Christians, Muslims urged to teach interfaith understanding to remove wedge – official

"The effort should be vice versa, on both sides," Aleem Jamal Munib, an official of the Davao City Madrasah Development Program, told MindaNews.

"This is very important. If we don't talk, misconceptions would prevail, causing distrust on each other," he said.

Among the key issues splitting mixed communities, Munib said discrimination remained on top.

“It is not only important for the youth to know their faith and culture, they also have to understand the other religions and cultures, especially in the Mindanao setting,” he said.

Interfaith understanding, he added, should be promoted and taught in Mindanao's schools as a support step, “side by side with on-going peace negotiations between the government and the Moro rebels”.

“Beyond the hard and contentious issues of peace negotiations is the hard fact that faith is still very important,” he said, adding that “Islamic knowledge is still key to peace and development in Mindanao especially on the Muslims' side”.

He said educating the Muslims about their faith in the madaris “helps clear the clutter of misconception about Islam and their relationships among other people.

"Islam is peace, but if the youth would not understand that, that's where the problem is," he said.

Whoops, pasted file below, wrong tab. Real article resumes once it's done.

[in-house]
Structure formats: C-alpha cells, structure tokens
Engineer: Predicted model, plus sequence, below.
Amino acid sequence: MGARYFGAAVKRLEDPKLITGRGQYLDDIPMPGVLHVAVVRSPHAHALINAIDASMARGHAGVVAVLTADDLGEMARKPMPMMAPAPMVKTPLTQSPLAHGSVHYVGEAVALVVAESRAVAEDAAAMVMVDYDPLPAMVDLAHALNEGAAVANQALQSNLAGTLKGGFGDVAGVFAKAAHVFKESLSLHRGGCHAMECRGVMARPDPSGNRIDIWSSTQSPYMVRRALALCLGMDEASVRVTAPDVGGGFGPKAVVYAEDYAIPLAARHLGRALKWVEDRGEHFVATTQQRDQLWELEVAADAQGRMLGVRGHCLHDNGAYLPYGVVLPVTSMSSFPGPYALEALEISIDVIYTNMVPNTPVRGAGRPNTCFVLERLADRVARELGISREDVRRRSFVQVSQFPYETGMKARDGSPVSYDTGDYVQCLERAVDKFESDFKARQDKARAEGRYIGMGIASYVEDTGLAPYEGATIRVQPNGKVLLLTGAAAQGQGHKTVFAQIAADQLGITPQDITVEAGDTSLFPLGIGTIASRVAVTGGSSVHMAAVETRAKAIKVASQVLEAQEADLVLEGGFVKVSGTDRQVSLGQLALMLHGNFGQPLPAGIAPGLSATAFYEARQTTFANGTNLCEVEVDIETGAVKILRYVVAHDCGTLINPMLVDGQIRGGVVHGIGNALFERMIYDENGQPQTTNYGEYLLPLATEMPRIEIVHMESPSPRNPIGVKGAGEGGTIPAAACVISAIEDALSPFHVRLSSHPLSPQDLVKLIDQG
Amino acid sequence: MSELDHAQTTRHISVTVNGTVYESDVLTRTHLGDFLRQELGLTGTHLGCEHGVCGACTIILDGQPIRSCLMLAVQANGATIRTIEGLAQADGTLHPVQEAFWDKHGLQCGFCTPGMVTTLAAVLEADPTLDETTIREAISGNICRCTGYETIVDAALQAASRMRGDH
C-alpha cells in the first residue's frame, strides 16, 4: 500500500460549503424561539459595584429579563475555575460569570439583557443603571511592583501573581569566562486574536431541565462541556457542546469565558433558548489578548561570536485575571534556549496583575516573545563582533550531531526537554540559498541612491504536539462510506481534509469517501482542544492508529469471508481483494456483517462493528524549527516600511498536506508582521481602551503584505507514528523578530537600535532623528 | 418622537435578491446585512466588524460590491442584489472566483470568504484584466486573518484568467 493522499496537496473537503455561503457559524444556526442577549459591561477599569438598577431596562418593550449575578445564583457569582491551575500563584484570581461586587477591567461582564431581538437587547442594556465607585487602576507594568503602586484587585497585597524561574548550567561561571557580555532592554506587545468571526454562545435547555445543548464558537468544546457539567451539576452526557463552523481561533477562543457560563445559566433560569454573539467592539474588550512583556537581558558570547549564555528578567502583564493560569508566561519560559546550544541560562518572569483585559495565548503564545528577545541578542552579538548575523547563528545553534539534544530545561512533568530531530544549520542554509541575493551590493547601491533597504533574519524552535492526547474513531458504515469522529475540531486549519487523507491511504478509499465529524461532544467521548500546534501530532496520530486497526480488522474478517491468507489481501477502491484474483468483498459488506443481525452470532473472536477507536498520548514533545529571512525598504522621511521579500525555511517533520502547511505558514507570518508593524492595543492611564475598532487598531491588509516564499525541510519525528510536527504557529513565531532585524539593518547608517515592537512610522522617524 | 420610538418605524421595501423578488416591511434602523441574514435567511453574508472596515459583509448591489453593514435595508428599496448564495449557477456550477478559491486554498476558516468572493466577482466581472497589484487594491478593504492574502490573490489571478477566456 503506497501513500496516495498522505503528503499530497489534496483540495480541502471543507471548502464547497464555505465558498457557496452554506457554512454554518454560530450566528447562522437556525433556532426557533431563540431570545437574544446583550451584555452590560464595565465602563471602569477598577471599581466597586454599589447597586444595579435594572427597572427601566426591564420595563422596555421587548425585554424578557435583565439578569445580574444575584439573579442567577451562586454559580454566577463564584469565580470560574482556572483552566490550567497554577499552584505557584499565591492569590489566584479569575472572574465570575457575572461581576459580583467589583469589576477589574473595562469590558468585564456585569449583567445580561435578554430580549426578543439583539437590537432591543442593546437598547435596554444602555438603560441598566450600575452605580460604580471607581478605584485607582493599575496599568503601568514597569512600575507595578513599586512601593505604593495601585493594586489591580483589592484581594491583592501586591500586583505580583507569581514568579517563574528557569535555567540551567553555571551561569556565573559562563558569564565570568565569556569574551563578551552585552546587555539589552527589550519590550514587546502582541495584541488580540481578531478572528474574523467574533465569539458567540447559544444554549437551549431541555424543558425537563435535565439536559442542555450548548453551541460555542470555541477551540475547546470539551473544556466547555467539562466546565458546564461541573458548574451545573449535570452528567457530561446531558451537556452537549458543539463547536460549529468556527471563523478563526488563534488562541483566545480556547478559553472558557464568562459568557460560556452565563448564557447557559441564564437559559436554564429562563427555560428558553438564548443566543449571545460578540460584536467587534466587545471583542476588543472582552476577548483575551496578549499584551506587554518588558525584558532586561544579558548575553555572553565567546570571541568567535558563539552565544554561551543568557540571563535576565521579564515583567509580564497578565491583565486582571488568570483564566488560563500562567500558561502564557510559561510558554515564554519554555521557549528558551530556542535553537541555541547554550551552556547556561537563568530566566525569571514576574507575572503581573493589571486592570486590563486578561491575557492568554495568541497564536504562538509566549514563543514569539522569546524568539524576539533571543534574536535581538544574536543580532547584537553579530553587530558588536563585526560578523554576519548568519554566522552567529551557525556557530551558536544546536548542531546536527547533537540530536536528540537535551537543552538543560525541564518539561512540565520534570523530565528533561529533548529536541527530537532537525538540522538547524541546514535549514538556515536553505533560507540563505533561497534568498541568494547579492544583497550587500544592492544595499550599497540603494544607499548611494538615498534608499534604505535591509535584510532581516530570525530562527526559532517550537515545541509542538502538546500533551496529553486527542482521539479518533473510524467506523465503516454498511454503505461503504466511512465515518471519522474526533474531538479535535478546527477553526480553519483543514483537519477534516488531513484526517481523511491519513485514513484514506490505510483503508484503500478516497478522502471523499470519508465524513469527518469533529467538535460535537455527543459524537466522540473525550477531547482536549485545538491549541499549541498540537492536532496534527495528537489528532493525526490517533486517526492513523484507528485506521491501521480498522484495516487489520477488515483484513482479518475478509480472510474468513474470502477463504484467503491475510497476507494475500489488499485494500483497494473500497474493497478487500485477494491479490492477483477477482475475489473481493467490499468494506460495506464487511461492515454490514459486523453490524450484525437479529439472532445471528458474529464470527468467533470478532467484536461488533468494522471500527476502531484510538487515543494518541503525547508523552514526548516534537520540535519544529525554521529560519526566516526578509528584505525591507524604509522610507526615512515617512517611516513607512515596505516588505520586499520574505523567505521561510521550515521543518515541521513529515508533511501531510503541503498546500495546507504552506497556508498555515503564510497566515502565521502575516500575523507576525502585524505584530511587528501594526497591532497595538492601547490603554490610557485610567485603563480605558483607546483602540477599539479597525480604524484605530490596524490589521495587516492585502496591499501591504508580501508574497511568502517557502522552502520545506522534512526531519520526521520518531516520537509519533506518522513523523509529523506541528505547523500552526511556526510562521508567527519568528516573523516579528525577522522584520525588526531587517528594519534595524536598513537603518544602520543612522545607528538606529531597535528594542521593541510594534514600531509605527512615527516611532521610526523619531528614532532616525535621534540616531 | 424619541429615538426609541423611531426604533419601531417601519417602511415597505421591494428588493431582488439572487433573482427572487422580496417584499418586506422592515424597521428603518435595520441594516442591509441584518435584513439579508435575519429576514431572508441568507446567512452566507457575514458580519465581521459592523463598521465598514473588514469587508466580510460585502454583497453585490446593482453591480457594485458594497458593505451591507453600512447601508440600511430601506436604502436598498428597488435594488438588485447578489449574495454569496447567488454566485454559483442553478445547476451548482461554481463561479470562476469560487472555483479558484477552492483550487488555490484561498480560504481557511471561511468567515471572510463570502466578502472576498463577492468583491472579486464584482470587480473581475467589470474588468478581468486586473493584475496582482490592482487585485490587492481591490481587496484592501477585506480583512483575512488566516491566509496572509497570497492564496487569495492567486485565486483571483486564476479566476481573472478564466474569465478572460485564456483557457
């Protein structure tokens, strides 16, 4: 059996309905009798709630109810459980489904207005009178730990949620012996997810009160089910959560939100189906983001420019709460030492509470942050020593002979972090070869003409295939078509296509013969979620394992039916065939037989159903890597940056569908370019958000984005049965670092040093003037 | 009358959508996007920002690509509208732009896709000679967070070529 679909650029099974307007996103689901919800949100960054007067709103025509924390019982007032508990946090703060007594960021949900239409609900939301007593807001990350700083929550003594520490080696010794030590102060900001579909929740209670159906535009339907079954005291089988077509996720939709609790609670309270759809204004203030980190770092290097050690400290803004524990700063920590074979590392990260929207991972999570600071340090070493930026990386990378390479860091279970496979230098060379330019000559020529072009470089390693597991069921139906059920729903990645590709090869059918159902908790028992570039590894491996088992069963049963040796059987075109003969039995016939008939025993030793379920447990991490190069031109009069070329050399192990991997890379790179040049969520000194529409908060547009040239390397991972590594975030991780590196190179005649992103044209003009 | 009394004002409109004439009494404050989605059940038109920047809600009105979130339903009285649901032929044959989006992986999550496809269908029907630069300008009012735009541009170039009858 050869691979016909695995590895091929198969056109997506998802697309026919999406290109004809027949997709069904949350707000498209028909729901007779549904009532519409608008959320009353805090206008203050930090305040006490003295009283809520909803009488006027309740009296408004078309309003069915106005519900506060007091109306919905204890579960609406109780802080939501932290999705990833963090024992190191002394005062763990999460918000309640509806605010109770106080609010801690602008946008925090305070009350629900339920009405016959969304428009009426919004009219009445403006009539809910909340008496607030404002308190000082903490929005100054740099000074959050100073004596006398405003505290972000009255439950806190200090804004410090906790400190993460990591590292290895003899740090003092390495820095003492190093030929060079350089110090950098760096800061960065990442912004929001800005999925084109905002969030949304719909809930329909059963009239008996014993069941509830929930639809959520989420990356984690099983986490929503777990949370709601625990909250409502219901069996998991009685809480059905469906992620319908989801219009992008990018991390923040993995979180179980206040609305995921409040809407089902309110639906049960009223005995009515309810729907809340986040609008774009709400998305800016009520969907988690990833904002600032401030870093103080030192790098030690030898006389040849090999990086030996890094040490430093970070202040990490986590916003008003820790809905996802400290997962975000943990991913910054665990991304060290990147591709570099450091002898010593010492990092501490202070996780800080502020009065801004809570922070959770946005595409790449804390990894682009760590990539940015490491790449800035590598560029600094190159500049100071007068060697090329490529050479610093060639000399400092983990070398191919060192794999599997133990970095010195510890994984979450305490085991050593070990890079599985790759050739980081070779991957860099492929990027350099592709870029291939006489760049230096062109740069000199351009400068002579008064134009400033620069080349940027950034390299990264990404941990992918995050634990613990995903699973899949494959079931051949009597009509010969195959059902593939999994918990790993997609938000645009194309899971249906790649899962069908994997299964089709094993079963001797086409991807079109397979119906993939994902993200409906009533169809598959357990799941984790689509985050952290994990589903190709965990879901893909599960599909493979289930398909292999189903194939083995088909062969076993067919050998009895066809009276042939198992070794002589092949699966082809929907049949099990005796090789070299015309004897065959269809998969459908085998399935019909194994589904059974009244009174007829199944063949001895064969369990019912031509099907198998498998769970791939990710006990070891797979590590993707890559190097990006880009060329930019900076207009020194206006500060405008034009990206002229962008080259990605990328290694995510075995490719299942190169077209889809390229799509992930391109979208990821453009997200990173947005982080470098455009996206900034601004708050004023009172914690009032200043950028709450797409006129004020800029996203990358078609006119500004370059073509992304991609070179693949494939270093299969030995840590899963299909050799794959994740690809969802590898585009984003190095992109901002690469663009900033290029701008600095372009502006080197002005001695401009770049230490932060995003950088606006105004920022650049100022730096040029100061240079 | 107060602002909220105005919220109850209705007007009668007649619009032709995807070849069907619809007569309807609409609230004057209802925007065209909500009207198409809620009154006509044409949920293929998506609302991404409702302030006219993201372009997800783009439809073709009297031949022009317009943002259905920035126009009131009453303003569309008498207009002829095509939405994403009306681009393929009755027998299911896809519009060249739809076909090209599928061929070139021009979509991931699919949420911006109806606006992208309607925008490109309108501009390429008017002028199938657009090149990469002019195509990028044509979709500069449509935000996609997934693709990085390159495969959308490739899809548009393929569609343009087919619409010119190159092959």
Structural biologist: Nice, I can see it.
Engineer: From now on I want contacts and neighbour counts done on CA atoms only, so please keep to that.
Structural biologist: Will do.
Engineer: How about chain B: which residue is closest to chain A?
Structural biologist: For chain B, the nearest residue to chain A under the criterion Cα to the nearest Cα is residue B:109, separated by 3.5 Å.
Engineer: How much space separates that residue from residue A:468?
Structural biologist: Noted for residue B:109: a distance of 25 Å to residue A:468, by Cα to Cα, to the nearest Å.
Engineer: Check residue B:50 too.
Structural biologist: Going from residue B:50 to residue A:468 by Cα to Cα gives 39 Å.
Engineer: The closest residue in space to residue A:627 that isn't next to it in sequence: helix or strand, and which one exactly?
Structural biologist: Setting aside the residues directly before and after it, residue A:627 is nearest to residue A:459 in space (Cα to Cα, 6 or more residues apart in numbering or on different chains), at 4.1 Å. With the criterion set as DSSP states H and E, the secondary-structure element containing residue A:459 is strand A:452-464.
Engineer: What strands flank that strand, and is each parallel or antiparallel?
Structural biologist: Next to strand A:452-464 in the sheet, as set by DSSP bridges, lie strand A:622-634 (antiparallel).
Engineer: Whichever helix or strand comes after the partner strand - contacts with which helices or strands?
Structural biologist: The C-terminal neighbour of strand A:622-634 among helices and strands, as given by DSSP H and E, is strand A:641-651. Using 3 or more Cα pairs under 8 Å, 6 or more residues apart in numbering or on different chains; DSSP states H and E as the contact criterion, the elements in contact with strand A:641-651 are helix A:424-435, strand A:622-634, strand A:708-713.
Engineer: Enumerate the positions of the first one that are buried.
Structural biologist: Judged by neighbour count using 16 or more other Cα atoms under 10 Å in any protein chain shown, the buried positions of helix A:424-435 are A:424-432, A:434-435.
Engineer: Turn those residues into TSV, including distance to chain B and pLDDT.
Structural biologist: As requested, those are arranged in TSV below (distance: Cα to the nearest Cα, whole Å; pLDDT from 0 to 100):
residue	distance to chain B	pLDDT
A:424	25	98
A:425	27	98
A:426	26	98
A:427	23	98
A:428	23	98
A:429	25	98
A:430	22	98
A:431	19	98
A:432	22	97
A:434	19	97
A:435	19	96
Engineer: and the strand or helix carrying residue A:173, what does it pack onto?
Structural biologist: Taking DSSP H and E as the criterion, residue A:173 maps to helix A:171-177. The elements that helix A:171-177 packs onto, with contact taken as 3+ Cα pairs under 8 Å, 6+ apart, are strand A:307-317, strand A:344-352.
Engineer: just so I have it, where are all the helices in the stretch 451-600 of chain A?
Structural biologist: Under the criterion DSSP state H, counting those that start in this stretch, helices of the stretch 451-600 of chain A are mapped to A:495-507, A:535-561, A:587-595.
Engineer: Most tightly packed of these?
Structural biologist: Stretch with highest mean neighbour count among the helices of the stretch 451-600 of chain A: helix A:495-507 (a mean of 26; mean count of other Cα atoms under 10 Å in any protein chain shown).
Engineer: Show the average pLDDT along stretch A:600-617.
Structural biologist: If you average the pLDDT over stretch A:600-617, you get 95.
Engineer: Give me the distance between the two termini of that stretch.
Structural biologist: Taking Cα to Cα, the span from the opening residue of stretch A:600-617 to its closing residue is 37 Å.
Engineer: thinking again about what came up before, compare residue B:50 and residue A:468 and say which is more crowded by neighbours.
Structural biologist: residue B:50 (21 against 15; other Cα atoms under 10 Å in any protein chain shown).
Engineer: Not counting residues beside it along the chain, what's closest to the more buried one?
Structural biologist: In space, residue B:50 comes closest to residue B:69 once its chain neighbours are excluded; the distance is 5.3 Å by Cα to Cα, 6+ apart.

He said one of their allied organizations was conducting a survey on perceptions of Muslims and Chrisitans towards each other. He said survey would start in Zamboangao City.

But he said both Muslims, Christians and others should not stop on educating their faithful.

Munib said the ulama and asatids, both religious scholars, “are willing to go to Christian dominated schools, colleges and universities to help explain about interfaith dialogue and understanding”.

He said that local governments could also back the efforts of religious and academic leaders saying “such as the putting up of madaris [or Arabic-language schools] for the Muslims and the holding of interfaith discussions among students”.

He said local governments should find a way to invest in this effort, but shouldn't be constrained, too, if they have financial limitations.

But he cited the example set by the City Government of Davao. He said the city government allots at least P10 million a year “to ensure asatidz and ulama are given enough support in running the madaris”.

About 21 ulama supervised some 140 asatids in Davao City. The asatidz ran at least 44 learning centers where 2,500 Muslim youth attend regularly.

He said they still lack at least 15 centers to be able to say every Muslim was covered. But he said the local Muslims were fortunate “because of these opportunities”.

He said LGUs around Mindanao could also replicate what Davao City is doing.